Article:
I run a 2.5 Ghz 64-Bit Core 2 Duo on my primary laptop with a Nvidea graphics card. Ubuntu is the host and WinXP is the guest. I use this for Netflix Instant play mostly in the Win guest. I have also played a few directX games this way as well. As much as I hate Windows, multimedia runs fine in Virtulbox for me. Thus, perhaps the virtualbox bug you mentioned has either been resolved or does not affect all hardware?

Comment: Re:What's still keeping me away (Score 1) 1348

by inshreds (#33935386) Attached to: Desktop Linux Is Dead
My 60ish mother has been using a laptop with Ubuntu on it for nearly two years now completely trouble free. She runs the updates periodically when prompted on her own. Otherwise, the only support I have to give her is once every 6 months I tell her when it is safe to upgrade to the latest version. In contrast, she last ran Win XP for years. Though, inevitably her XP system slowed to a crawl or was infected by something or other at least twice a year. Worse yet, her XP was a money pit in virus scanners, malware programs, and other subscription bases services required to keep it running.

To address the rest of your concerns:
Confusing distros : One word: Ubuntu
Poor documentation : Again, Ubuntu has fantastic documentation and its all free
Software, Software, Software: Not really a problem. My mom uses OpenOffice, Evolution, and loves the Software Channel built right into ubuntu. She browses this herself, finds games and stuff, and best of all, I don't have to worry about some foreign shareware scamper ponwing her computer. Would you dare allow your mother to download software for Windows off the internet on her own? Oh, and for your sewing machine software, can pretty much guarantee you that it is usb or serial interface completely supported in Wine. Little support: Ubuntu forums rock. Great people, great support. I know that to be true as I try to "give back' by answering at least a few requests for help a month. Ways of doing things that are confusing to a Windows user: My computer illiterate mother had no trouble at all switching to Gnome. In fact, she finds the interface less cluttered and easier to navigate than Windows. Yes, there was a short learning curve, but she caught up quickly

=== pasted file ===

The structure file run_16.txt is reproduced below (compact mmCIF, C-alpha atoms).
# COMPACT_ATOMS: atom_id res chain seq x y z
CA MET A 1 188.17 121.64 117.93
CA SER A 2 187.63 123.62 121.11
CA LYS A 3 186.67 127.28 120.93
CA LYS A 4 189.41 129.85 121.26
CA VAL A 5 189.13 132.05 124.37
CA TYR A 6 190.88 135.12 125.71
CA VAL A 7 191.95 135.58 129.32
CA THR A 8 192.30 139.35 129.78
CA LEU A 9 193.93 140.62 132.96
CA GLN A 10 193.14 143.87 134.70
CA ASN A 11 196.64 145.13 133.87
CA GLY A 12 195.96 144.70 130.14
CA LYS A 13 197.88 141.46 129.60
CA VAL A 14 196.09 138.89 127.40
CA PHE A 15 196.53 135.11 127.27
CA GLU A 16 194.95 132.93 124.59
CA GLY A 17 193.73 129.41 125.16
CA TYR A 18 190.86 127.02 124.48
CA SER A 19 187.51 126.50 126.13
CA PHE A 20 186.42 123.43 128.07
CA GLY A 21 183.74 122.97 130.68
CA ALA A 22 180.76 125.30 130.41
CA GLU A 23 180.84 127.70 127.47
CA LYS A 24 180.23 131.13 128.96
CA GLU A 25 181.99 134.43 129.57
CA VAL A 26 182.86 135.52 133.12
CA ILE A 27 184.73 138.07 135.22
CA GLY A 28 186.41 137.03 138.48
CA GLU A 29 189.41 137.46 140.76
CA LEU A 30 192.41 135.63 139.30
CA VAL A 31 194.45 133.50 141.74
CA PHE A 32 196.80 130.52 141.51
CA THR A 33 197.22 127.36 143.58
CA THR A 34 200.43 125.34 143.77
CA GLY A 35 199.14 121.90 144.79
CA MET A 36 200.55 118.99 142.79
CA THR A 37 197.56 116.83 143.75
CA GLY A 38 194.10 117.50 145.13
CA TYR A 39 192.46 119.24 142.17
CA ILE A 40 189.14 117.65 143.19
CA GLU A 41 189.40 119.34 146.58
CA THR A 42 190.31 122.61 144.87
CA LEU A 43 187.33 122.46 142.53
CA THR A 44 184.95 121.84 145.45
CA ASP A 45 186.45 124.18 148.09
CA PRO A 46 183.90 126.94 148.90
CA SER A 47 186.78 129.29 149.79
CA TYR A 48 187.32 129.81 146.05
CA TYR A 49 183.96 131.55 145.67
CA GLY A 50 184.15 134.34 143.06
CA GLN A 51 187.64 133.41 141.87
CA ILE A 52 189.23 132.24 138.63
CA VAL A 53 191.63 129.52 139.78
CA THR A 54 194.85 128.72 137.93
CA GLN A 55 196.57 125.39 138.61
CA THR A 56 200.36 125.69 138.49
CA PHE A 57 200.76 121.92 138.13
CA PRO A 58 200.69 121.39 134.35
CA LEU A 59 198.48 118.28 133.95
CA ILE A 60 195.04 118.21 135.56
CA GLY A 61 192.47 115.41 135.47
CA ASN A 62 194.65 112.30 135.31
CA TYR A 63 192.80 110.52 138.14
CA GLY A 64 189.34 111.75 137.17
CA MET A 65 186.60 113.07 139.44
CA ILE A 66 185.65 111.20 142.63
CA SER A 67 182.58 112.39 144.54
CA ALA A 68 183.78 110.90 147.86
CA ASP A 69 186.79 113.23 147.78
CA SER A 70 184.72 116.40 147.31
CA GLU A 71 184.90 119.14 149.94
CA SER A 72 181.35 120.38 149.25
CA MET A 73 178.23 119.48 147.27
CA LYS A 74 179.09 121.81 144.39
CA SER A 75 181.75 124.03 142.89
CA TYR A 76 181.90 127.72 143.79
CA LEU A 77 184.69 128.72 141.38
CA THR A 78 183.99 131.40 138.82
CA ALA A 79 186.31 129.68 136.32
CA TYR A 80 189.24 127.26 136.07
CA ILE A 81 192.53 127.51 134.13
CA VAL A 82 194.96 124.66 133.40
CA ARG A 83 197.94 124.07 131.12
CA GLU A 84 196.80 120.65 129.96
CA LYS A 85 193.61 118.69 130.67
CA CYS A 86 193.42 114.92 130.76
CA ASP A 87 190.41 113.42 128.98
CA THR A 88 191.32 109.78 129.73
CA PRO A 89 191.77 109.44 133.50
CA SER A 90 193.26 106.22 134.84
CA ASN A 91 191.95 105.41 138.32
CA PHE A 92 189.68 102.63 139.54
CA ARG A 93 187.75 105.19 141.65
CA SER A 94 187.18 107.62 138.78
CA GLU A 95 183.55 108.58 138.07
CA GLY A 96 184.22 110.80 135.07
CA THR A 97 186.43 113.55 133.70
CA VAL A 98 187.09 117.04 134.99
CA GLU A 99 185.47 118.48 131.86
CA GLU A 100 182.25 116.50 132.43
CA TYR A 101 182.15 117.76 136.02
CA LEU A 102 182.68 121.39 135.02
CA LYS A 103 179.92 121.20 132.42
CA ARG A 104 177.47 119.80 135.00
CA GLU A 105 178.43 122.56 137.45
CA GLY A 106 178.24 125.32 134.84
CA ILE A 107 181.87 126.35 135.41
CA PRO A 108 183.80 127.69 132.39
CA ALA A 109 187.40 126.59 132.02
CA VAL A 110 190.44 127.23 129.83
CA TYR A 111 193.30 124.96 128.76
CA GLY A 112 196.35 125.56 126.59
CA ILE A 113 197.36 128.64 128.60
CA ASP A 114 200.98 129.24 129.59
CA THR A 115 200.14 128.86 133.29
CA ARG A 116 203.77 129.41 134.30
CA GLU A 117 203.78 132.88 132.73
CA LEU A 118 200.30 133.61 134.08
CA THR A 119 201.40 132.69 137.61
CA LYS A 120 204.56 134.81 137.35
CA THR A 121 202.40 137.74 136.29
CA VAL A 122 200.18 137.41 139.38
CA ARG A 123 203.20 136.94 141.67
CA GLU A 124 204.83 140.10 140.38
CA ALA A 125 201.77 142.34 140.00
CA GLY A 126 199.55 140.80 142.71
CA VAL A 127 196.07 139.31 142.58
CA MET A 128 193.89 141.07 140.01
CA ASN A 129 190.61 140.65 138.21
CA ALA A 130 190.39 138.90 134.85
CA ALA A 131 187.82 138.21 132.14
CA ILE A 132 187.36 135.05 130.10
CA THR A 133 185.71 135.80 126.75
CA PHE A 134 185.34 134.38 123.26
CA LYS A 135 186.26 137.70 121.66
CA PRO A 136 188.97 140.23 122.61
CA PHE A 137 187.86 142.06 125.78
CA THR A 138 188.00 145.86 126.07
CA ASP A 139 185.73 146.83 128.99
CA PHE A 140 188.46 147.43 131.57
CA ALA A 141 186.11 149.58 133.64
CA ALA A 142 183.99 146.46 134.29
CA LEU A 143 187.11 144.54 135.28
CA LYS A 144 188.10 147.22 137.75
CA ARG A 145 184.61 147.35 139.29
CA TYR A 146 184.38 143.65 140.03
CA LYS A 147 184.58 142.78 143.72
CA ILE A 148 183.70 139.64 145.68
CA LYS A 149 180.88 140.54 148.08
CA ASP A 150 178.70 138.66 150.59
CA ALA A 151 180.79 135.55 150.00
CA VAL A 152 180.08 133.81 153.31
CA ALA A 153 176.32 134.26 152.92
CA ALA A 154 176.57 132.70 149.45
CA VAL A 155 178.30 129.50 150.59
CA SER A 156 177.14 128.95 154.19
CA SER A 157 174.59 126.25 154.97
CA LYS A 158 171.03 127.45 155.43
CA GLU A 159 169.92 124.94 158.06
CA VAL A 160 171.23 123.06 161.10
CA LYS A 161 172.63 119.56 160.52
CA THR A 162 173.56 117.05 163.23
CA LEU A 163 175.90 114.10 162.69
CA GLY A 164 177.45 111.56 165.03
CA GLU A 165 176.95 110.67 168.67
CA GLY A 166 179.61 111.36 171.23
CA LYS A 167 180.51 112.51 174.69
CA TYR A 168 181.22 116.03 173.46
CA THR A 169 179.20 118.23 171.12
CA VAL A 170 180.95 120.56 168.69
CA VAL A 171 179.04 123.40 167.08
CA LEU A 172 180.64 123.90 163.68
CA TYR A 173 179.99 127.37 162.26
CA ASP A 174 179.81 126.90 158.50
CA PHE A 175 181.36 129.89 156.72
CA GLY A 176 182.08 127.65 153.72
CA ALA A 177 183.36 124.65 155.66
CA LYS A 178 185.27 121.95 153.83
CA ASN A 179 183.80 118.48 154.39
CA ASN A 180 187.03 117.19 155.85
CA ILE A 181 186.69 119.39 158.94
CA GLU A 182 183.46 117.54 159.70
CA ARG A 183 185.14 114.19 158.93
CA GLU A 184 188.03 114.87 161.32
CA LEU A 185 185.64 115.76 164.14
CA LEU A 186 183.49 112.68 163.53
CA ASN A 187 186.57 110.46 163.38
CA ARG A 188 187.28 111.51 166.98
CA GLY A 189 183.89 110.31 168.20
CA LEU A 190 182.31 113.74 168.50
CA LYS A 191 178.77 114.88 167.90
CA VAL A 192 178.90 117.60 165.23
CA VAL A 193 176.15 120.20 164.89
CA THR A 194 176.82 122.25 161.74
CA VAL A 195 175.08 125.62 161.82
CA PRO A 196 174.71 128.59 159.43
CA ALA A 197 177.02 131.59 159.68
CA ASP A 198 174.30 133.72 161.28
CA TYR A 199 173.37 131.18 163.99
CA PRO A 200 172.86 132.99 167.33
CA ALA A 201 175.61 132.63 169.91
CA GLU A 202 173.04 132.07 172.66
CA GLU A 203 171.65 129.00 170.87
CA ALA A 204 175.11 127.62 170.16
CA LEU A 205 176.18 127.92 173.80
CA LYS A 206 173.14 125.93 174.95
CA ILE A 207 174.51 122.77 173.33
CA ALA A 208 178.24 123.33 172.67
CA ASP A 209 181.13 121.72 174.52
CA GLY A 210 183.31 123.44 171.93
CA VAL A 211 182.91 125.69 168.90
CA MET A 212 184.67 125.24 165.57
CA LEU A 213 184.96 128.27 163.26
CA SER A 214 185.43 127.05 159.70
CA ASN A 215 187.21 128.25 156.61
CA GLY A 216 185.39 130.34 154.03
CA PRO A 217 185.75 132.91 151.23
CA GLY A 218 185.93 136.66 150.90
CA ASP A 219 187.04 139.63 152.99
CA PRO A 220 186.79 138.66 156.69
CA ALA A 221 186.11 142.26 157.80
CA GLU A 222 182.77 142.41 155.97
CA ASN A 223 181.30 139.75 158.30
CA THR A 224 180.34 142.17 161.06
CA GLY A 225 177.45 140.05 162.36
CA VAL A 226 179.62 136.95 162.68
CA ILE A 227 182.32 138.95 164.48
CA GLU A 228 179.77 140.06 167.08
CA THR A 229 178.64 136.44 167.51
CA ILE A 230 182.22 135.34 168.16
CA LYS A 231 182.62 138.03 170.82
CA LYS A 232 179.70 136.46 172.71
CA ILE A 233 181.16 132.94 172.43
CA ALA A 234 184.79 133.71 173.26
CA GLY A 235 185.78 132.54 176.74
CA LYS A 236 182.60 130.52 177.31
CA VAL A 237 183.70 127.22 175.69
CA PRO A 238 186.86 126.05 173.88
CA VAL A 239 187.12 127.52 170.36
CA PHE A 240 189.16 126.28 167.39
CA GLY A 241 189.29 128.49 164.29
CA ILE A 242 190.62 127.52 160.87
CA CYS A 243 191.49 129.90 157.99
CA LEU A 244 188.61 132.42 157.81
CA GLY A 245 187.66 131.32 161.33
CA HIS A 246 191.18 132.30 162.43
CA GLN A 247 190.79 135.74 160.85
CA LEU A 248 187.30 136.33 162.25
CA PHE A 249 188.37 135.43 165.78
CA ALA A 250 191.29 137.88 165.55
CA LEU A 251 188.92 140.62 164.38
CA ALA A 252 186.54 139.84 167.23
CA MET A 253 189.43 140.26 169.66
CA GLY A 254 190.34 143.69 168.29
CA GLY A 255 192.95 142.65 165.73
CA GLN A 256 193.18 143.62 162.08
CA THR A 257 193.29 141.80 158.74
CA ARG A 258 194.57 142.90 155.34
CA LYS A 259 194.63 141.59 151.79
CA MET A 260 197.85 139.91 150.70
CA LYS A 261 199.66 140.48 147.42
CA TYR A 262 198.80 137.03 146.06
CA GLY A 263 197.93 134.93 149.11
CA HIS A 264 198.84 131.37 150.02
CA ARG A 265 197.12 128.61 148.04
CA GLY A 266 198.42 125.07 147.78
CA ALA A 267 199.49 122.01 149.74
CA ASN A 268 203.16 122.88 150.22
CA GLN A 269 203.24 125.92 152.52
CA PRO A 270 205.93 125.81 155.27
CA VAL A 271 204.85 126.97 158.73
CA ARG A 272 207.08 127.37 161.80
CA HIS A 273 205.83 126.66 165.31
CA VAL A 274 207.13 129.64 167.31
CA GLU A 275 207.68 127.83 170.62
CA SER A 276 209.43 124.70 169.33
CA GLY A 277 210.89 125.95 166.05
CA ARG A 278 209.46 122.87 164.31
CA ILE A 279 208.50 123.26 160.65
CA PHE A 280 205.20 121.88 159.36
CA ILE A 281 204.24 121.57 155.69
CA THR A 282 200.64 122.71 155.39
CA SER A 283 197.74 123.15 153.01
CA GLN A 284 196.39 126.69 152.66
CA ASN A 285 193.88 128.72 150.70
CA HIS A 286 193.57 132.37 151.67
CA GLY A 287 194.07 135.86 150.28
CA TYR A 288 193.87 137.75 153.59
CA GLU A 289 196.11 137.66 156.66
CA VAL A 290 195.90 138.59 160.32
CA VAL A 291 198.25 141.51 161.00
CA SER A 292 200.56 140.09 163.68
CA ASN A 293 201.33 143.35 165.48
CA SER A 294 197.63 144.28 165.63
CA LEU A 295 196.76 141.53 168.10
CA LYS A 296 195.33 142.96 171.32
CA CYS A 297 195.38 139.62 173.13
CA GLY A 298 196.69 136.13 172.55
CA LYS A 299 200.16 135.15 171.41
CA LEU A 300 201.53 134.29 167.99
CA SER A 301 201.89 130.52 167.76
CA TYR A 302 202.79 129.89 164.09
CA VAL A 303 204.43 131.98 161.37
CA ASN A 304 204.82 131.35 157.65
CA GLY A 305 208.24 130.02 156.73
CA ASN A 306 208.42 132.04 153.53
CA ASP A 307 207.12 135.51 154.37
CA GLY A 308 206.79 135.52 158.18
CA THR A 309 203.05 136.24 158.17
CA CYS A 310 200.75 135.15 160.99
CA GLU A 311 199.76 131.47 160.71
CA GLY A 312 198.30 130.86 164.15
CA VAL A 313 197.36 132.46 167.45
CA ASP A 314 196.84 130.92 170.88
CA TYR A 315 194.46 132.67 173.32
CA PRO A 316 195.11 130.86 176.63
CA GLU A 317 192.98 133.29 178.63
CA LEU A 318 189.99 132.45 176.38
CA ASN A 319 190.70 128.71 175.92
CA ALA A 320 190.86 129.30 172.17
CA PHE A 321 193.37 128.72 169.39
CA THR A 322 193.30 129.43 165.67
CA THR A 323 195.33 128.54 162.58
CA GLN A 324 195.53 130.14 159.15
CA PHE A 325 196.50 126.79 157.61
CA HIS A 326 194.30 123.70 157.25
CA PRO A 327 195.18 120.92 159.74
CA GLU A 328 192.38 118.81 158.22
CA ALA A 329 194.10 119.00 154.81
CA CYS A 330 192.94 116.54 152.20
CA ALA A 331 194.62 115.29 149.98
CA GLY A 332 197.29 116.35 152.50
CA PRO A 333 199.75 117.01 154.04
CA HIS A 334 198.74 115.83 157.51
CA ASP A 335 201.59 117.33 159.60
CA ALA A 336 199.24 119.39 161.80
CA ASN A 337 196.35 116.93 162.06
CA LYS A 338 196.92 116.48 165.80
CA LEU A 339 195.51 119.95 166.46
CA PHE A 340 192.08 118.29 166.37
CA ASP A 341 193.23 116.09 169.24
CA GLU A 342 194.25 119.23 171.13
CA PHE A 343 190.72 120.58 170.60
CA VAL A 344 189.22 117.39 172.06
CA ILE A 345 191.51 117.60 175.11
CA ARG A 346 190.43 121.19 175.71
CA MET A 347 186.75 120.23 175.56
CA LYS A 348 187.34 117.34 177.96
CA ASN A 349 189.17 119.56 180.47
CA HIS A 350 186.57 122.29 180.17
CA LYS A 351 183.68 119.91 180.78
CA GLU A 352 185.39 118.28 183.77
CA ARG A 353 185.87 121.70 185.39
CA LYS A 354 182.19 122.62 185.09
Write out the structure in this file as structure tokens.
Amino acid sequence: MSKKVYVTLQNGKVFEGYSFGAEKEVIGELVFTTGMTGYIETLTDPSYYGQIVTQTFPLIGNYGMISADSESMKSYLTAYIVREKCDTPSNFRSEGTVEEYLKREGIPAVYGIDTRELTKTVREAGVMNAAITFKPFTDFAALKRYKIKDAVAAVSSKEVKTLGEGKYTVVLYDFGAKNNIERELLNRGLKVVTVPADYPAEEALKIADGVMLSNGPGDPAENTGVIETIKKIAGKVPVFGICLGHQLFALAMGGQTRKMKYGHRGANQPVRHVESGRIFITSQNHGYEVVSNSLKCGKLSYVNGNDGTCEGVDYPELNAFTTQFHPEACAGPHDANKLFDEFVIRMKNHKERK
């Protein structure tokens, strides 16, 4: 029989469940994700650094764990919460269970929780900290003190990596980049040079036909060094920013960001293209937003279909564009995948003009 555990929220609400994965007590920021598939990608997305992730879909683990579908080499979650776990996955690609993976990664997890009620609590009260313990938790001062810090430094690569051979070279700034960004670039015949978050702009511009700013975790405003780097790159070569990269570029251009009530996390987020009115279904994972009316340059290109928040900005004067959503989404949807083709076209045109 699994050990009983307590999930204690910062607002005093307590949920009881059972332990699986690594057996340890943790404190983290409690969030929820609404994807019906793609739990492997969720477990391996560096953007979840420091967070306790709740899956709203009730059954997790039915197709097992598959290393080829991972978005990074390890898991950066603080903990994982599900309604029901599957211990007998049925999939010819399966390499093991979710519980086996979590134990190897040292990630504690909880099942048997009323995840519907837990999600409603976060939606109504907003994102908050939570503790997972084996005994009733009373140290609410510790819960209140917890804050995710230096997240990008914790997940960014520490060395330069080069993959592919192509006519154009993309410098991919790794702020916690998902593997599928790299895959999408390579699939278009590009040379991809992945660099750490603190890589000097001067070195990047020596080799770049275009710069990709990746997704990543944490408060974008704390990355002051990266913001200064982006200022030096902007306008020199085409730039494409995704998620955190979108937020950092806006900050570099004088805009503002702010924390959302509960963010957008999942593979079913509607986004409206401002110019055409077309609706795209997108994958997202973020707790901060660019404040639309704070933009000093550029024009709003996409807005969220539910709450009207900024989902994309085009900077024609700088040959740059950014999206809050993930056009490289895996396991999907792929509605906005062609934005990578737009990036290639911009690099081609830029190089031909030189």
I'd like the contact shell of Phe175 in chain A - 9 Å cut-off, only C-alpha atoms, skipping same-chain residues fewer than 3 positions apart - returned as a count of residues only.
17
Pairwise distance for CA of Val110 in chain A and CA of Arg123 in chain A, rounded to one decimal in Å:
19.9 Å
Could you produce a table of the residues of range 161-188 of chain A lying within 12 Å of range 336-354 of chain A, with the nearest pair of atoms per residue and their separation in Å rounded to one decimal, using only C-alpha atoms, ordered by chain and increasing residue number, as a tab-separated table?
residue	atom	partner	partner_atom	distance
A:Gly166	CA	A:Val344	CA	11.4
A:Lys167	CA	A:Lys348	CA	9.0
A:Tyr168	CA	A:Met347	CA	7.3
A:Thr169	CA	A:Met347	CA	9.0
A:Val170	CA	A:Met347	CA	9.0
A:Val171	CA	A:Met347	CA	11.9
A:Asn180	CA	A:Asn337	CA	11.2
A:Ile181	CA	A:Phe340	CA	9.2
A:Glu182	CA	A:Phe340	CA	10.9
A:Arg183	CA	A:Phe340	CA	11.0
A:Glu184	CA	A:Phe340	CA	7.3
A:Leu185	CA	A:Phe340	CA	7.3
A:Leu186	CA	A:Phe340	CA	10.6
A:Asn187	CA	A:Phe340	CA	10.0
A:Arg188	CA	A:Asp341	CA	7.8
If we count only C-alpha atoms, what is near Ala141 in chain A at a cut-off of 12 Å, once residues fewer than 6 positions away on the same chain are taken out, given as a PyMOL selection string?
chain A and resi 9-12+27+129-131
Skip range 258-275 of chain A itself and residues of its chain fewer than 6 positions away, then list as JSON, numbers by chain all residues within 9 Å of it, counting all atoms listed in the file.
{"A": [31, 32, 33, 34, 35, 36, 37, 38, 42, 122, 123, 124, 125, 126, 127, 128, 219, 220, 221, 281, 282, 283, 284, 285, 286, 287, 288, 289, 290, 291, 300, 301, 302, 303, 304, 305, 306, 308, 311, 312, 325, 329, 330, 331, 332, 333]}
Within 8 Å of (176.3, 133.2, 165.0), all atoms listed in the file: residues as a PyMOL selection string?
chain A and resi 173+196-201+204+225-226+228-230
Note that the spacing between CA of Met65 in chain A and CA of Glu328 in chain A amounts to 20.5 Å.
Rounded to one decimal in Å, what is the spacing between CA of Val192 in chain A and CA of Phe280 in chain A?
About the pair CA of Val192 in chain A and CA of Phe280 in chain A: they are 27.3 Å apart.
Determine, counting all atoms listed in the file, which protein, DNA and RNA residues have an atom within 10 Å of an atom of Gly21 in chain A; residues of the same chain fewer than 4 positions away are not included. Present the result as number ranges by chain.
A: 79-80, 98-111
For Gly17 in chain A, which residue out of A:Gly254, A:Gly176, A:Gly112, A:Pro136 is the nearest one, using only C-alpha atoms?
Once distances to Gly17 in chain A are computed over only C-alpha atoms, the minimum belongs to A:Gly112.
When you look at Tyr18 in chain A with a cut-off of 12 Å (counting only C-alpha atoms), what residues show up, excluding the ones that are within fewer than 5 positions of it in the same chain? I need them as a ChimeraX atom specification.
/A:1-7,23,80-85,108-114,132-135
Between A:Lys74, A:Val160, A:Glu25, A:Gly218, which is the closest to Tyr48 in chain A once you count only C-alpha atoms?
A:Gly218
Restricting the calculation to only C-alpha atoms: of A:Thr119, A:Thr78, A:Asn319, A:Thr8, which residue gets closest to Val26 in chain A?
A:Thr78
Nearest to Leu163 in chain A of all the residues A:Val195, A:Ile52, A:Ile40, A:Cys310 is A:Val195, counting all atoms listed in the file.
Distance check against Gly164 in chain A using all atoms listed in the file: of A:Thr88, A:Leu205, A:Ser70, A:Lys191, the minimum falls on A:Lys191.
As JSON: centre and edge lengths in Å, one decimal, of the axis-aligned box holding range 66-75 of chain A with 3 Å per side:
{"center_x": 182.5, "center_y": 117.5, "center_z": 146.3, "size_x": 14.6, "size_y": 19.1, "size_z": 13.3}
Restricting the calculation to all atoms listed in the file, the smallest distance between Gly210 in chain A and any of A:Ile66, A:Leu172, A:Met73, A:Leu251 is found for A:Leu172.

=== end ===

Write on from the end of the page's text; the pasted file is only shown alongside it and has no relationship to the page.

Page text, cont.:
In the end, my 60'ish very typical mother who is by no means a computer geek is completely in love with Ubuntu. In fact, she swears she will never own another MS product again. Hope this is food for thought. Maybe it is time to try again.

Comment: Re:Can Linux snobs be more arrogant? (Score 1) 473

by inshreds (#33385492) Attached to: Making Ubuntu Look Like Windows 7
I really don't think switching to Gnome is really that much of a change for MS users. I switched my 64 year old mother, a complete computer novice, to a laptop with Ubuntu on it nearly 2 years ago. She had no problem at all with the minor location differences. Really, the biggest transition for her was learning a few new applications. Now that she has had time to familiarize, she claims to find Ubuntu much cleaner, easier, and more trouble-free.

Comment: Hiding from the corporate network police (Score 2, Interesting) 473

by inshreds (#33385102) Attached to: Making Ubuntu Look Like Windows 7
One really great use for a theme like this is hiding your "frowned upon" use of non-standard software if you work in a corporate environment with locked-down computers. Thankfully, hacking Window$ permissions locally is easier than quieting a toddler with tranquilizer laced candy. Once through MS$ tissue security, VirtualBox , a lot of ram, and one of these theme packages will allow running the Nix flavor of choice without alerting passers by. Best of all, all the corporate installed default software can stay intact.